Losing a Friend

I received a dreadful telephone call on March 30, one of those calls that set you back on your heels even though you know it’s coming. John Plakus, a longtime friend of mine, a guy I met 35 years ago when we both worked in the car business, died after a two-month struggle in the hospital. The call came from his wife, MaryLou. Quite to my surprise, she wasn’t crying on the telephone, nor was she noticeably emotional; her composure seemed calm and subdued. I guessed that she was still in shock and the wave of emotions hadn’t hit her yet.

John did not die unexpectedly. A few weeks after entering the hospital at the end of January, the prognosis was grim. John must have been blindsided by the severity of his illness because in a telephone conversation we had shortly after he entered the hospital, he said that he felt pretty good up until the day he ended up in emergency. I’ll never forget his lighthearted words, “I’ve got cancer, but they haven’t figured out which flavor yet.” That was the John I remember, a guy who could find humor in circumstances that begged for solemnity.

John, a real car enthusiast, was one of those Jacks-of-all-Trades I envied. He could do just about anything from changing a transmission to remodeling a kitchen to planting a bountiful garden. And when we were in the car business together, he was one hell of a good salesman and his ethics were above reproach. He always dealt from the top of the deck.

During my twice-a-year trips to New York, I always got together with John and MaryLou for dinner and drinks, and we would catch up on the latest drama in our lives. I’m going back home to visit family in May of this year, but I must admit that as much as I love spending time with my family, it’s just not going to be the same without seeing John.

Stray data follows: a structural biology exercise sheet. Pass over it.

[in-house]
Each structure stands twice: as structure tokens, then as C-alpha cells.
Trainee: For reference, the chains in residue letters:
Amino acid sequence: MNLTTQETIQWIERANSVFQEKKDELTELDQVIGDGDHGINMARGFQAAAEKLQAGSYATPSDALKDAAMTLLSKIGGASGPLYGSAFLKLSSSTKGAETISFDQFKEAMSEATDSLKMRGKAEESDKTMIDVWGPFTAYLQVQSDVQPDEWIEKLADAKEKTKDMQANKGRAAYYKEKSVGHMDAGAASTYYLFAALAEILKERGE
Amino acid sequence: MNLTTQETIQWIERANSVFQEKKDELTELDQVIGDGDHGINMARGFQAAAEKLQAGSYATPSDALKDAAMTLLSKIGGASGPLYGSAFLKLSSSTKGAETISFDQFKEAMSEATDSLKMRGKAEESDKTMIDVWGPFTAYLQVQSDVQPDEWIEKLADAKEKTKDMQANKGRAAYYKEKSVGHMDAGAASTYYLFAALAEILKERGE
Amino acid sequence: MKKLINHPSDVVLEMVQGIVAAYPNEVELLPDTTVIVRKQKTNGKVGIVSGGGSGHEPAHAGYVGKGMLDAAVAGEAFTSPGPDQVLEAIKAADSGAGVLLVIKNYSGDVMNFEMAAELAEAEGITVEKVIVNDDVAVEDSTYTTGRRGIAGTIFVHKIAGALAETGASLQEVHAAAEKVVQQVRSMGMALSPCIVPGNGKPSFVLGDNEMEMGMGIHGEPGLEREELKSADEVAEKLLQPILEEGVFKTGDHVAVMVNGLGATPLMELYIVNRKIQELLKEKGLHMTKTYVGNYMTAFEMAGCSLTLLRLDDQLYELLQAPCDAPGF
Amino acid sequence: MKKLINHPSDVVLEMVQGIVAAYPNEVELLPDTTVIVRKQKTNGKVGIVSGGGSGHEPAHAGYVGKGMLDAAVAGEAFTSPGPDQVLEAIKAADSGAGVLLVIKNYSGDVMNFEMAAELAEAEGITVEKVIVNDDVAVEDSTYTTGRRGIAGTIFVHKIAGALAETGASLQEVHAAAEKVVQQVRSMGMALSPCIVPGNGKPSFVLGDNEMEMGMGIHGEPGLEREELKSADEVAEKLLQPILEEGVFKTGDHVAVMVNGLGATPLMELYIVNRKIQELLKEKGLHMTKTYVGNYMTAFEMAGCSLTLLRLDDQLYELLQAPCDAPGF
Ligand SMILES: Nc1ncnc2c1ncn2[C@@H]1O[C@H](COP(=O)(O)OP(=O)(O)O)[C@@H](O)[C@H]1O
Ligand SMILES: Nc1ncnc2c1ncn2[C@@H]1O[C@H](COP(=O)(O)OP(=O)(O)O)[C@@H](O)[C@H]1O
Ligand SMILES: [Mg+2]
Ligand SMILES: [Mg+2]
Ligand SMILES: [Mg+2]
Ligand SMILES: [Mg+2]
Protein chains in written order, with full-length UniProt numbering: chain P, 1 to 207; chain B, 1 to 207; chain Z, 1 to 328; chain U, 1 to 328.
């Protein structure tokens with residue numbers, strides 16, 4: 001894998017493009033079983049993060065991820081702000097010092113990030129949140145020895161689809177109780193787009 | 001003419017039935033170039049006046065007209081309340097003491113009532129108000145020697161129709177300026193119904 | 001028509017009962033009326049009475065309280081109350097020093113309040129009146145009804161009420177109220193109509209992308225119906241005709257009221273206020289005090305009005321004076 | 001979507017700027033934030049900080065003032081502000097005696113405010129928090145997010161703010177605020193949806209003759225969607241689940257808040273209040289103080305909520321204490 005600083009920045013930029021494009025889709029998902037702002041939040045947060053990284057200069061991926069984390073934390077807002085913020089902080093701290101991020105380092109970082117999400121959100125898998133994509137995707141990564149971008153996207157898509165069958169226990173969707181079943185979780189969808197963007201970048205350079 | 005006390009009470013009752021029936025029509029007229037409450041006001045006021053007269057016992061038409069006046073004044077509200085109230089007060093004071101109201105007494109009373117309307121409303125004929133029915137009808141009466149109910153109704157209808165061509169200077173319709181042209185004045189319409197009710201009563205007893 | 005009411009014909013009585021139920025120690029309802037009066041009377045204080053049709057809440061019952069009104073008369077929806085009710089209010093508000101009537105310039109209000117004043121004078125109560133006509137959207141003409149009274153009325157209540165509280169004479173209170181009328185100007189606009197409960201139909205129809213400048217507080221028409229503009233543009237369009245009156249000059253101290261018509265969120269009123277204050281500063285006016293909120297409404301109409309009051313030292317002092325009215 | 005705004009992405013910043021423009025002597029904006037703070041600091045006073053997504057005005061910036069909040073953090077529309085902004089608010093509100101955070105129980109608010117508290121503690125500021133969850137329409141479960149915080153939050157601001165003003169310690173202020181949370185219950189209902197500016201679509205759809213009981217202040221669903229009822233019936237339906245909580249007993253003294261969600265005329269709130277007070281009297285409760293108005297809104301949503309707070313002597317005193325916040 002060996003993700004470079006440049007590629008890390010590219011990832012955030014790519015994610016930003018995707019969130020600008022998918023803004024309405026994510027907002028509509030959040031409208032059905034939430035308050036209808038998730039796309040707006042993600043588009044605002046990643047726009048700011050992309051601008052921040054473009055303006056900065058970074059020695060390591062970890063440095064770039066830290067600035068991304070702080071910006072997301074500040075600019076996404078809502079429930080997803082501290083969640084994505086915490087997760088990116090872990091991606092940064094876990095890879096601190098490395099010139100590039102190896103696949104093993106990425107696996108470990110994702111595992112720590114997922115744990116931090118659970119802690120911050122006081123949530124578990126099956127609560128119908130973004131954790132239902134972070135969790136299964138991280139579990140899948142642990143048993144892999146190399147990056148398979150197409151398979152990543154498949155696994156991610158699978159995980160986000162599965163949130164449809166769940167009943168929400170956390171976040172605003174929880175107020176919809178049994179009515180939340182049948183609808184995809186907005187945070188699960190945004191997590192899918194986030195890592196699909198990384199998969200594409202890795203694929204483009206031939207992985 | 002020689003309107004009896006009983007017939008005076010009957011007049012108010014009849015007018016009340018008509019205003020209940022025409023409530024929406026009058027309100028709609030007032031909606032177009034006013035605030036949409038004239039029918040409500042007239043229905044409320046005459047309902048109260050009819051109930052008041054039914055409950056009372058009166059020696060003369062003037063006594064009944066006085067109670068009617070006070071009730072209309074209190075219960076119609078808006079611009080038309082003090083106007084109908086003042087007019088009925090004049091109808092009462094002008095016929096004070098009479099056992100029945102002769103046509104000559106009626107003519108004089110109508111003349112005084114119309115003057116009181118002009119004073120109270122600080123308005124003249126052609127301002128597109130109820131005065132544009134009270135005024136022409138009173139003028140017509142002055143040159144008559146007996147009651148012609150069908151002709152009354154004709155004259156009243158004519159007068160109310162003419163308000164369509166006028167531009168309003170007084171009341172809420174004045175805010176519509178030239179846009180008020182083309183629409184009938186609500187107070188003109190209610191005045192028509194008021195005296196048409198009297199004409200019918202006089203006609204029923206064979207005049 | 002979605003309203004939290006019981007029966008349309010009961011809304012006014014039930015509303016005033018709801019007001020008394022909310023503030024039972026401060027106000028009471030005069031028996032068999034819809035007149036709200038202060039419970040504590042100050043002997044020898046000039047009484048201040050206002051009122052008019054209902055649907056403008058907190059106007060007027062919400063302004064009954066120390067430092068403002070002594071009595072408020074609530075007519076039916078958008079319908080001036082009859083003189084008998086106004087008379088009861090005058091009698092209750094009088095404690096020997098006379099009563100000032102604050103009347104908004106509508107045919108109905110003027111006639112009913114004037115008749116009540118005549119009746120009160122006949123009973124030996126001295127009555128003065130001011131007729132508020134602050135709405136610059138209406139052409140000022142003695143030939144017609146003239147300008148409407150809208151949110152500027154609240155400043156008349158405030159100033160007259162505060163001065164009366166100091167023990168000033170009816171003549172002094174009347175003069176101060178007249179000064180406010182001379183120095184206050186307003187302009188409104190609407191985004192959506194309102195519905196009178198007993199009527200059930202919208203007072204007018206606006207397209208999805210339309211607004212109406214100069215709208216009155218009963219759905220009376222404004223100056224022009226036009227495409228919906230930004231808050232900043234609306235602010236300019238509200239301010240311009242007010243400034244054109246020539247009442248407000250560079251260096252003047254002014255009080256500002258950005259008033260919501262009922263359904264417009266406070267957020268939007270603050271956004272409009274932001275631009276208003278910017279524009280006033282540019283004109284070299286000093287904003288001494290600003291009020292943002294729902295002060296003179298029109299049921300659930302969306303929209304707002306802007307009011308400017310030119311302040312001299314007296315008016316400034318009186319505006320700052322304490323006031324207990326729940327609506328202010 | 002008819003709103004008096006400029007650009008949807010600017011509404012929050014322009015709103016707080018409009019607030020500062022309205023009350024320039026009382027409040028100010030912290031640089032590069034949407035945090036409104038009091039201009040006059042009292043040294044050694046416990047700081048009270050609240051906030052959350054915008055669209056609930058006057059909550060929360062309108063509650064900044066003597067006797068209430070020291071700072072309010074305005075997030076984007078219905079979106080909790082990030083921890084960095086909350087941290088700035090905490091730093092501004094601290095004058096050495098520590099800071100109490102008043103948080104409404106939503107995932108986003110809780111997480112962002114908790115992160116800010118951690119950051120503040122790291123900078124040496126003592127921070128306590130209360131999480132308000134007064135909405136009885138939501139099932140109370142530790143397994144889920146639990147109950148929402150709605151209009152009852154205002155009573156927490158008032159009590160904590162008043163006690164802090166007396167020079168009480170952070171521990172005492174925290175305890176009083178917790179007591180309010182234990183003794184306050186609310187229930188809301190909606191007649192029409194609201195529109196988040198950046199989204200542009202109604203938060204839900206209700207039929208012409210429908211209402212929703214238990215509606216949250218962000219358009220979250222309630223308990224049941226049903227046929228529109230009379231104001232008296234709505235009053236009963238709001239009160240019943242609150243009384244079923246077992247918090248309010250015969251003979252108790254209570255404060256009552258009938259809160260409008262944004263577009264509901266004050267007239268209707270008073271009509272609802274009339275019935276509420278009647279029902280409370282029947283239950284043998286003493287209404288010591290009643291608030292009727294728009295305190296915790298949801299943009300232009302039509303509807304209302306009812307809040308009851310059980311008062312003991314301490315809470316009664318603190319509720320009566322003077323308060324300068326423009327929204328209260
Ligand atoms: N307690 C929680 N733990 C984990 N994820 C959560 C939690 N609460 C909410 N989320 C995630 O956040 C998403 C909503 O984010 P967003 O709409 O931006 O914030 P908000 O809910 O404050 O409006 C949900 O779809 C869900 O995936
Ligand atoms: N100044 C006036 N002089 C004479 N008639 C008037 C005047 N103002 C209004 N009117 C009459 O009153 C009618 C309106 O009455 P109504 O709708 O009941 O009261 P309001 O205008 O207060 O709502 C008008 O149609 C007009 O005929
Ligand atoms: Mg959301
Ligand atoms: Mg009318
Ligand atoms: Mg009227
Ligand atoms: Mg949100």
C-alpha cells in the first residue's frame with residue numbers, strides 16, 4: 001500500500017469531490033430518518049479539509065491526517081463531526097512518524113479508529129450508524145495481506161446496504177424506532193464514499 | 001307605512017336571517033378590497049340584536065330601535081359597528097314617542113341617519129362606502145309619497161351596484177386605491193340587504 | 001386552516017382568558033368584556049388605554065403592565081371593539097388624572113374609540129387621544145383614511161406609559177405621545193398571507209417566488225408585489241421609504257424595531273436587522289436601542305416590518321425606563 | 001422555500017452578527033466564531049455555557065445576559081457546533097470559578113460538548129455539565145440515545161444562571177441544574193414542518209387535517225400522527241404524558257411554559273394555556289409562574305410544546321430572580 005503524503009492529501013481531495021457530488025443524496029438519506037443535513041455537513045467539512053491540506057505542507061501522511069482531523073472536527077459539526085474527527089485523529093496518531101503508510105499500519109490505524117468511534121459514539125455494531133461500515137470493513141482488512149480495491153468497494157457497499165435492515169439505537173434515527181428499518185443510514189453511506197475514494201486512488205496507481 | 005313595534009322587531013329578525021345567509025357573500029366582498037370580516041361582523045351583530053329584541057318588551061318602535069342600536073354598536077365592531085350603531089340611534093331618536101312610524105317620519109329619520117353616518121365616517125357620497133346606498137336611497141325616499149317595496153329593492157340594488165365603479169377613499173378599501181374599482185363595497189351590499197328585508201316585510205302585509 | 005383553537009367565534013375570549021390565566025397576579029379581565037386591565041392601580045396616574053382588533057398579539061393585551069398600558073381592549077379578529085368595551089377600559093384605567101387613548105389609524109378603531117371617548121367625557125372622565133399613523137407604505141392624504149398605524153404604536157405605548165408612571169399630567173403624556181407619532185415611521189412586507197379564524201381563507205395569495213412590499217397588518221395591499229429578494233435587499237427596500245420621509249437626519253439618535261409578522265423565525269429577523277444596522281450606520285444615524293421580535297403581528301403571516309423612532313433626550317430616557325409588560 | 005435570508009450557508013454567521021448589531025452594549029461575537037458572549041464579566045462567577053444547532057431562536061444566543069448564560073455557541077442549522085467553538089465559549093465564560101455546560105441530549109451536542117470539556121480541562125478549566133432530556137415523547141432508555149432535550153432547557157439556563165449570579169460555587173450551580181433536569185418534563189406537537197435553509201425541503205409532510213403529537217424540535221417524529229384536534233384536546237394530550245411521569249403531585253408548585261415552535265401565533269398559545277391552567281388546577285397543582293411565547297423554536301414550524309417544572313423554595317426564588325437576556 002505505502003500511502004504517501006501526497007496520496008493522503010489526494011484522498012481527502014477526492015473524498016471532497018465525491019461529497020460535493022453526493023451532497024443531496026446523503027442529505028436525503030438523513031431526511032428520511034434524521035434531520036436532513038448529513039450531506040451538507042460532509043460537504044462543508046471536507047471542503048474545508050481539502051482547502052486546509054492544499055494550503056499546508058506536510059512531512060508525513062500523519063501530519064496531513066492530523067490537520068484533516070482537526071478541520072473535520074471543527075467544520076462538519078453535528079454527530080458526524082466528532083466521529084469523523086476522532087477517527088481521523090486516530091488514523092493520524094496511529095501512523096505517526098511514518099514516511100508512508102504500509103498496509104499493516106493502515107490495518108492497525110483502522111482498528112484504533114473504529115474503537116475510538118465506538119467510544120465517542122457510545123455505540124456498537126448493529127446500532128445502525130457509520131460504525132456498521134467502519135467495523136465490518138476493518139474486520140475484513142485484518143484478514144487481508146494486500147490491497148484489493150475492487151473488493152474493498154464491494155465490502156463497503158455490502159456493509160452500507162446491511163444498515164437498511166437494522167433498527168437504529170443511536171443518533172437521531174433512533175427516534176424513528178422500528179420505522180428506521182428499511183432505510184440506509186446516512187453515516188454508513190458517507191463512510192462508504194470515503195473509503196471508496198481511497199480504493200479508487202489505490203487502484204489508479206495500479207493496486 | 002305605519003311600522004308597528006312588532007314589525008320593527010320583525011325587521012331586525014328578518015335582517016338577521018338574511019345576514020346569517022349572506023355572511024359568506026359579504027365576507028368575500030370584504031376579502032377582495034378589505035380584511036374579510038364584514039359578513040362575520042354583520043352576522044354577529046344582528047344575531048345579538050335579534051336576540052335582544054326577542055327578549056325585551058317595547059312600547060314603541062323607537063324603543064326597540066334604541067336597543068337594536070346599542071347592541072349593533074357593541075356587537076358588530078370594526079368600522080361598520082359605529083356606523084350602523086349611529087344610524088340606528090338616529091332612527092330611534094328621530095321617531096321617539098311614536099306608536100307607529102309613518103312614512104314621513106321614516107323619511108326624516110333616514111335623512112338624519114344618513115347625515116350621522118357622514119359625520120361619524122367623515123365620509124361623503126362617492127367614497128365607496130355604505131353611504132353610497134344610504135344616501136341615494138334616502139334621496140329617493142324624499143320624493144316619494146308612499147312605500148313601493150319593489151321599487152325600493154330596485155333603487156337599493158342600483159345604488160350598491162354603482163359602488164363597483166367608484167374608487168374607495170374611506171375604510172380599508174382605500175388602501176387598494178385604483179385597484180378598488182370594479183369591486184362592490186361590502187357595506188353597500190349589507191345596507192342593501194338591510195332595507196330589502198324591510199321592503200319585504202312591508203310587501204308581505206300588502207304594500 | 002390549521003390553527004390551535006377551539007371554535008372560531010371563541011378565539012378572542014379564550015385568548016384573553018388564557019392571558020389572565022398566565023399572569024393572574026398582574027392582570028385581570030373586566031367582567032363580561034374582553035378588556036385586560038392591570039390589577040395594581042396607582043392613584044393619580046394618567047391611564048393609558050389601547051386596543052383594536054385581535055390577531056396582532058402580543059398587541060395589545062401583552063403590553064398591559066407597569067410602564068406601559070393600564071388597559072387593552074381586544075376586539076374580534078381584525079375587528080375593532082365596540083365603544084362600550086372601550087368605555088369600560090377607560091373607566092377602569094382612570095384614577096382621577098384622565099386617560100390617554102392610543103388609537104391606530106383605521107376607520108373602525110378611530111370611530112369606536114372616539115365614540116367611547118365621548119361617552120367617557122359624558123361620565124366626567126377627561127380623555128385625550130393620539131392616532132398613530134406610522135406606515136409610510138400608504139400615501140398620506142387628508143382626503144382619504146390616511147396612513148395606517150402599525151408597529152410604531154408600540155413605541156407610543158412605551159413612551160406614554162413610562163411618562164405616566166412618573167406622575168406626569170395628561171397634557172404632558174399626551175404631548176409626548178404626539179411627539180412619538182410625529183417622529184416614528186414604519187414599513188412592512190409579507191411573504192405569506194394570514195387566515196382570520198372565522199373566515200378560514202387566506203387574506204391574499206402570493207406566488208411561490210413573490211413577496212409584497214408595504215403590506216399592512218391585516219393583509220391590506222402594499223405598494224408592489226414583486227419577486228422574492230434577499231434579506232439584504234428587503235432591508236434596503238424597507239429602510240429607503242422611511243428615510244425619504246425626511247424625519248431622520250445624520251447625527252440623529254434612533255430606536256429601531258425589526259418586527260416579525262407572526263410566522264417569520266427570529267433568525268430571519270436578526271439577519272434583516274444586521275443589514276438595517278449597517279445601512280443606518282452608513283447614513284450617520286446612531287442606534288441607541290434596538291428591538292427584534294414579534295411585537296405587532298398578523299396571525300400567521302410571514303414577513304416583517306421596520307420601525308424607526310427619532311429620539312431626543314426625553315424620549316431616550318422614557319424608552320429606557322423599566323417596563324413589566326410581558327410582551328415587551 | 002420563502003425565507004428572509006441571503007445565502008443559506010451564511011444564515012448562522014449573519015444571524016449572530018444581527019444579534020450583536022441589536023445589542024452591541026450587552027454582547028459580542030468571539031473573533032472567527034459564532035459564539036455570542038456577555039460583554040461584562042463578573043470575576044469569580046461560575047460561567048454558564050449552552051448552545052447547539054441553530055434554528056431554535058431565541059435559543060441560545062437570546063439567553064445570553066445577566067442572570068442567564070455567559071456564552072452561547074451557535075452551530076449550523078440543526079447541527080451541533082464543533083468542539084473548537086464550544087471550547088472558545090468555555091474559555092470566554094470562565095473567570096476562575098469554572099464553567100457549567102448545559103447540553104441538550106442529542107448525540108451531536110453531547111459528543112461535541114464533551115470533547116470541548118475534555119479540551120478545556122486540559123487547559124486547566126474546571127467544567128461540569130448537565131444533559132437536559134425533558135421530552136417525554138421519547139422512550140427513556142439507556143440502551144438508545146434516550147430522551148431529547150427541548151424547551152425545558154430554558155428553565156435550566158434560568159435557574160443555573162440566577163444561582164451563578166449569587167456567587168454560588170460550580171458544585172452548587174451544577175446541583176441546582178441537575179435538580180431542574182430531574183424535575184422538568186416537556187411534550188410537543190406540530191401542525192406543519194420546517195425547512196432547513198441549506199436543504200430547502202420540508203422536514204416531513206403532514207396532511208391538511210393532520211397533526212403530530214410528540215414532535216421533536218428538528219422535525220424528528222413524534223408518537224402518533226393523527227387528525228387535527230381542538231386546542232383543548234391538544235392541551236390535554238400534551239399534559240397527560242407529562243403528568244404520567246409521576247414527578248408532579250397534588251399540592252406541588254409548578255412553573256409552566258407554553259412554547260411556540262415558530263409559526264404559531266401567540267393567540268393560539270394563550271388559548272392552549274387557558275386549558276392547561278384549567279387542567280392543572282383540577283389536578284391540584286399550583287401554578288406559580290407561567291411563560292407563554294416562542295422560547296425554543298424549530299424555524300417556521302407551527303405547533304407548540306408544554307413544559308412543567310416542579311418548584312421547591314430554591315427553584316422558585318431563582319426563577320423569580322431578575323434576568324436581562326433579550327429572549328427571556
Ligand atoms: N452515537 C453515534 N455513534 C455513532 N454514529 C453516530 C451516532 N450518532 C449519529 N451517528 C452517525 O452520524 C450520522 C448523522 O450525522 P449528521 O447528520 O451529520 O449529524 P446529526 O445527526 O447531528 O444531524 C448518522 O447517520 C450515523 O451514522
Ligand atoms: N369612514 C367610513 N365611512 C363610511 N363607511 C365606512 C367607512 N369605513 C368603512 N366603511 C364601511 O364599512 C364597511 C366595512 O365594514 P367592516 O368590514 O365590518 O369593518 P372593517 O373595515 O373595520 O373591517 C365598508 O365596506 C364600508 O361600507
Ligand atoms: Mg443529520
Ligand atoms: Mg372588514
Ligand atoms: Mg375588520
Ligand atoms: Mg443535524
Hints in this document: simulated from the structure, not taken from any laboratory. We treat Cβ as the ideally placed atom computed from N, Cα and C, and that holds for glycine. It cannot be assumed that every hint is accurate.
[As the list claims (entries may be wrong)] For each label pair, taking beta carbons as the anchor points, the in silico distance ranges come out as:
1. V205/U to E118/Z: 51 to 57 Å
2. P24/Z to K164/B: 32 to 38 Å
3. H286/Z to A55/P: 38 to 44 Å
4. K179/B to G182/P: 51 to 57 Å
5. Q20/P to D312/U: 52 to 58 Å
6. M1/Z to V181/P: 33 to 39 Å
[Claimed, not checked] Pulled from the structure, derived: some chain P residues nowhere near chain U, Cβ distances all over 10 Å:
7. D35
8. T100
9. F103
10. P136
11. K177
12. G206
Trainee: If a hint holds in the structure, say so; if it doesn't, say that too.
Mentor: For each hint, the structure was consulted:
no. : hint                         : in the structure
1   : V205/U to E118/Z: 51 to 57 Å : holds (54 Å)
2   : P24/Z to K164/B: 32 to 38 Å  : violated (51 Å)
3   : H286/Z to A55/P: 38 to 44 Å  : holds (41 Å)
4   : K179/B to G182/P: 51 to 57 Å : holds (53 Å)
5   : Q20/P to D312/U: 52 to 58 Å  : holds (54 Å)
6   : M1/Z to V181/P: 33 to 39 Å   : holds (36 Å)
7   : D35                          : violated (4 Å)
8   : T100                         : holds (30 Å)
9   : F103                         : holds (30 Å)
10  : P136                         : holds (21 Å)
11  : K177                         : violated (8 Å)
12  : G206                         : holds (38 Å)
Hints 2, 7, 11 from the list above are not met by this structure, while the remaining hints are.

Over the years, John and I enjoyed many spirited discussions about everything from politics to sports. But rarely did John discuss religion or his feelings on God and eternity. I never pushed it, and he never volunteered his thoughts. I do know that MaryLou told me two weeks before John died, that he said, “It’s all in God’s hands now.” Yes, John, it was and is in His hands.

Right now, as I write this post, John’s ashes are sitting comfortably in a special urn that looks like a racecar. How utterly appropriate. In my heart, I’m sure that John is in a better place, that Saint Peter met him at the gates of heaven and invited him in. Heaven is a better place with John there making his mark, but this world lost a great one.

Amazon publishing will release, I Do Solemnly Swear, my third novel, in October of 2012. I’ve decided to dedicate this book to John.



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4 responses to “Losing a Friend

  1. poolagirl

    It’s so hard to lose a friend. Glad you are dedicating your book to him.

  2. It is hard to lose a friend but it is also a reality check–makes you really appreciate life.

  3. Sometimes it seems so amazing that a person goes along with out much complaint and then suddenly a terminal illness goes wild and they are taken fairly quickly. Similar to my mother’s passing…..
    I think the dedication in your next book to your friend is a wonderful tribute to someone you had in your life and will now miss. Congratulations on the publishing date as well.

  4. Daniel

    Thank you, Terri.

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